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SBJ/April 14-20, 2014/People and Pop Culture
Spotlight: Will Kuntz, MLS
Yankee kicker: Move takes Kuntz from MLB to MLS
Published April 14, 2014, Page 26
■ Age: 30
■ New title: Director of player relations, MLS
■ Previous title: Pro scouting manager, New York Yankees
■ First job: Summer camp counselor
■ College education: Williams College, 2006
■ Resides: Dumbo, Brooklyn
■ Grew up: Cobble Hill, Brooklyn
■ Executive most admired: Brian Cashman
■ Brand most admired: New York Yankees
■ Favorite vacation spot: Buenos Aires, Argentina
■ Last book read: “Siddhartha”
■ Last movie seen: “The Grand Budapest Hotel”
■ Favorite movie: “Casablanca”
■ Favorite musician/band: Miles Davis.
■ What will be the biggest challenge in your new position?
Acquainting myself with the rules of a new sport. Really having to learn the letter of the law by the collective-bargaining agreement and really working through a new industry and new set of rules, new timetables, new player transaction rules.
■ What is the biggest risk you’ve taken in your career?
Leaving the Yankees, but at the same time I don’t view it as risky. I view it more as unusual because very few people leave the Yankees, especially for positions outside of baseball.
■ What is your biggest professional accomplishment?
I think just being a part of our pro scouting staff in 2009 as we put together the postseason advanced reports for the Angels and the Phillies and just the level of detail that went into it. … It had a level of commitment and focus that I thought was very rare. It’s not the kind of thing you see over 162 games in the regular season and even really in the first round of the playoffs, which is the division series. Once you get to the championship series and the World Series, it’s just an amazing level of detail.
■ What career advice do you have for people wanting to get into the sports industry?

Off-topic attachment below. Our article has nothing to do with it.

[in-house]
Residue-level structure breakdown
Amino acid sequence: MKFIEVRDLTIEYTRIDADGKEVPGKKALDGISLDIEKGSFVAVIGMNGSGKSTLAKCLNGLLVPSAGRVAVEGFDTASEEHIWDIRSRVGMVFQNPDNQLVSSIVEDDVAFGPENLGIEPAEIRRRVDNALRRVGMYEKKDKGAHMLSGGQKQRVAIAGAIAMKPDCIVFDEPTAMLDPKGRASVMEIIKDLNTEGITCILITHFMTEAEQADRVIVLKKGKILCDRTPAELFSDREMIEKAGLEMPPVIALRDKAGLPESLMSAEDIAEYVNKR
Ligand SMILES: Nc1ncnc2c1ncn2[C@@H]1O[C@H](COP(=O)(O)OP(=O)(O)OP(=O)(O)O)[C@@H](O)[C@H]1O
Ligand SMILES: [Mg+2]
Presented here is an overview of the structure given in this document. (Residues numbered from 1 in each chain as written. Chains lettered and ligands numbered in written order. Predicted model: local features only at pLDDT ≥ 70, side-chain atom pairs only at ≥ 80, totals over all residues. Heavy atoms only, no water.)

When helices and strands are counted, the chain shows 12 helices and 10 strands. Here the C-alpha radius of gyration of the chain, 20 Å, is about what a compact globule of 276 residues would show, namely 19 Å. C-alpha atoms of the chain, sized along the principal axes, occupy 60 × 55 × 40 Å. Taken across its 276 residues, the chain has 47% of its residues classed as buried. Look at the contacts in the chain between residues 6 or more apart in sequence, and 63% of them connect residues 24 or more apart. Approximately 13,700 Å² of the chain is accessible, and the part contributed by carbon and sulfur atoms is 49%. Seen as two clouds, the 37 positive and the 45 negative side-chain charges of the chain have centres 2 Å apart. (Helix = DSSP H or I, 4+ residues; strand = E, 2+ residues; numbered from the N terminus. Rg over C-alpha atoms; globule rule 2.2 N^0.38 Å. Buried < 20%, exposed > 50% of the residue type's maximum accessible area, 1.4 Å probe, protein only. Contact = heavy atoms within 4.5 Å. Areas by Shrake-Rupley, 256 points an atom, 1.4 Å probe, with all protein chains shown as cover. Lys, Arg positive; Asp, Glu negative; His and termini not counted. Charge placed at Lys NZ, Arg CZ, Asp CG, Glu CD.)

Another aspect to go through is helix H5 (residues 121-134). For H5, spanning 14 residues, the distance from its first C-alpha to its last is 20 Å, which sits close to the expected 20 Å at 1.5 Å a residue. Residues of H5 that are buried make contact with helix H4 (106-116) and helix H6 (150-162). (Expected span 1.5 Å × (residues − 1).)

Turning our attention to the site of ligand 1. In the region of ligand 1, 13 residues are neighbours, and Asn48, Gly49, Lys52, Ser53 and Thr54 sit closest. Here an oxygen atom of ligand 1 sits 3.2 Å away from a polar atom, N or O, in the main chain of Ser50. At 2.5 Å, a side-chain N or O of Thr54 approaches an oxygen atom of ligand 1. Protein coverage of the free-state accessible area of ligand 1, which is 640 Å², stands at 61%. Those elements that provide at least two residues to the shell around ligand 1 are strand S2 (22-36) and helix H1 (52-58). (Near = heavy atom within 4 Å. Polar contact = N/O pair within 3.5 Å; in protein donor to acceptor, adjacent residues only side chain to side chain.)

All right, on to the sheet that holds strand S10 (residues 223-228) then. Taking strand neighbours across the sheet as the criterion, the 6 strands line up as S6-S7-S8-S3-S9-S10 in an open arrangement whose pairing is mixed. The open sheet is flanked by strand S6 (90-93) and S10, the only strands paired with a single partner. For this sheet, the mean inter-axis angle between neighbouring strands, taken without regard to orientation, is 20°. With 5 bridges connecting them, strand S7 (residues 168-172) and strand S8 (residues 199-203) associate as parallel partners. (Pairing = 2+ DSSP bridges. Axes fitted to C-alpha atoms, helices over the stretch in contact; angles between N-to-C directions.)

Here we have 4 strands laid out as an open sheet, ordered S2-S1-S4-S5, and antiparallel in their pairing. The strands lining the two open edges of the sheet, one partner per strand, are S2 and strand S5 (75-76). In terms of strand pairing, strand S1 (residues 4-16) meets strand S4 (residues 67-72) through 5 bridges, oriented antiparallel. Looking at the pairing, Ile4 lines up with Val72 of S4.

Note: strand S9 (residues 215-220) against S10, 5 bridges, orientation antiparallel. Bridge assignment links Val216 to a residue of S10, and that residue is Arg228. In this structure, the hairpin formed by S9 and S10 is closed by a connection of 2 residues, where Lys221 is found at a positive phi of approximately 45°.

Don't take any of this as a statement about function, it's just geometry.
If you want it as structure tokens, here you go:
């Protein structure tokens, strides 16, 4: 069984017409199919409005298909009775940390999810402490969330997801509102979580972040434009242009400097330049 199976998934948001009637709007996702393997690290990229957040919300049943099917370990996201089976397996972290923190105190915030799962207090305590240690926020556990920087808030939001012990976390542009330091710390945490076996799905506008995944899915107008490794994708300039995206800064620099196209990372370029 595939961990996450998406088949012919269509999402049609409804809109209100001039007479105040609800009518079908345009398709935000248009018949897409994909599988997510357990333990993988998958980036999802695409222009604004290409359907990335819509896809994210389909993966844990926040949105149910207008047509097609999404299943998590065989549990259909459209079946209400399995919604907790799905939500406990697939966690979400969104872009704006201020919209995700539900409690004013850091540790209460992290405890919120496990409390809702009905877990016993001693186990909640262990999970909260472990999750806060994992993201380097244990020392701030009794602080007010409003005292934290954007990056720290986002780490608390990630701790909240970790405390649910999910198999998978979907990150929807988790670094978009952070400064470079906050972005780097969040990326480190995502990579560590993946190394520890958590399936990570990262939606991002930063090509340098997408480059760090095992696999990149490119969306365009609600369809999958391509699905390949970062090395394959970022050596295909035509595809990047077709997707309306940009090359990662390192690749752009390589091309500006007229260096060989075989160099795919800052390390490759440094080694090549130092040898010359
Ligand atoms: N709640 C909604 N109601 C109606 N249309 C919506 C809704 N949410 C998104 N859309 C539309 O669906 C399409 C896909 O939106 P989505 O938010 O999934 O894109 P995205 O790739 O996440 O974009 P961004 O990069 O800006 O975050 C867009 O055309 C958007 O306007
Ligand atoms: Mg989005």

It sounds cliché, but don’t ever stop. I never stopped trying and I got very lucky in that I wrote one letter [to George Steinbrenner] and that turned into a job. … You’re going to hear “no” a lot more than you’re going to hear “yes” and it’ll feel disheartening and like you’re not making any headway, but at the same time, if you just keep on pushing — and that goes for once you’re working for a club or league also.
■ What is one story you are continuing to watch in the sports world today?
I think really the growth of [Major League Soccer]. It’s actually a watershed moment for MLS. … The crowds have become much more sophisticated and not just in a way that emulates Europe. I think it’s sophisticated in a very organic and real way. These fan bases of these teams are really starting to establish their own identities, and that’s what I see from the sidelines.
■ What is the one element you would like to see changed about the sports industry?
This rapid rush to define everything instantly. … I think a lot of what gets lost in it is the casual enjoyment of competition. I grew up a Mets fan, so those teams were often terrible, but it was still great. You could still talk about the finer points of the team or the game without having to really decide whether it was a good or bad game.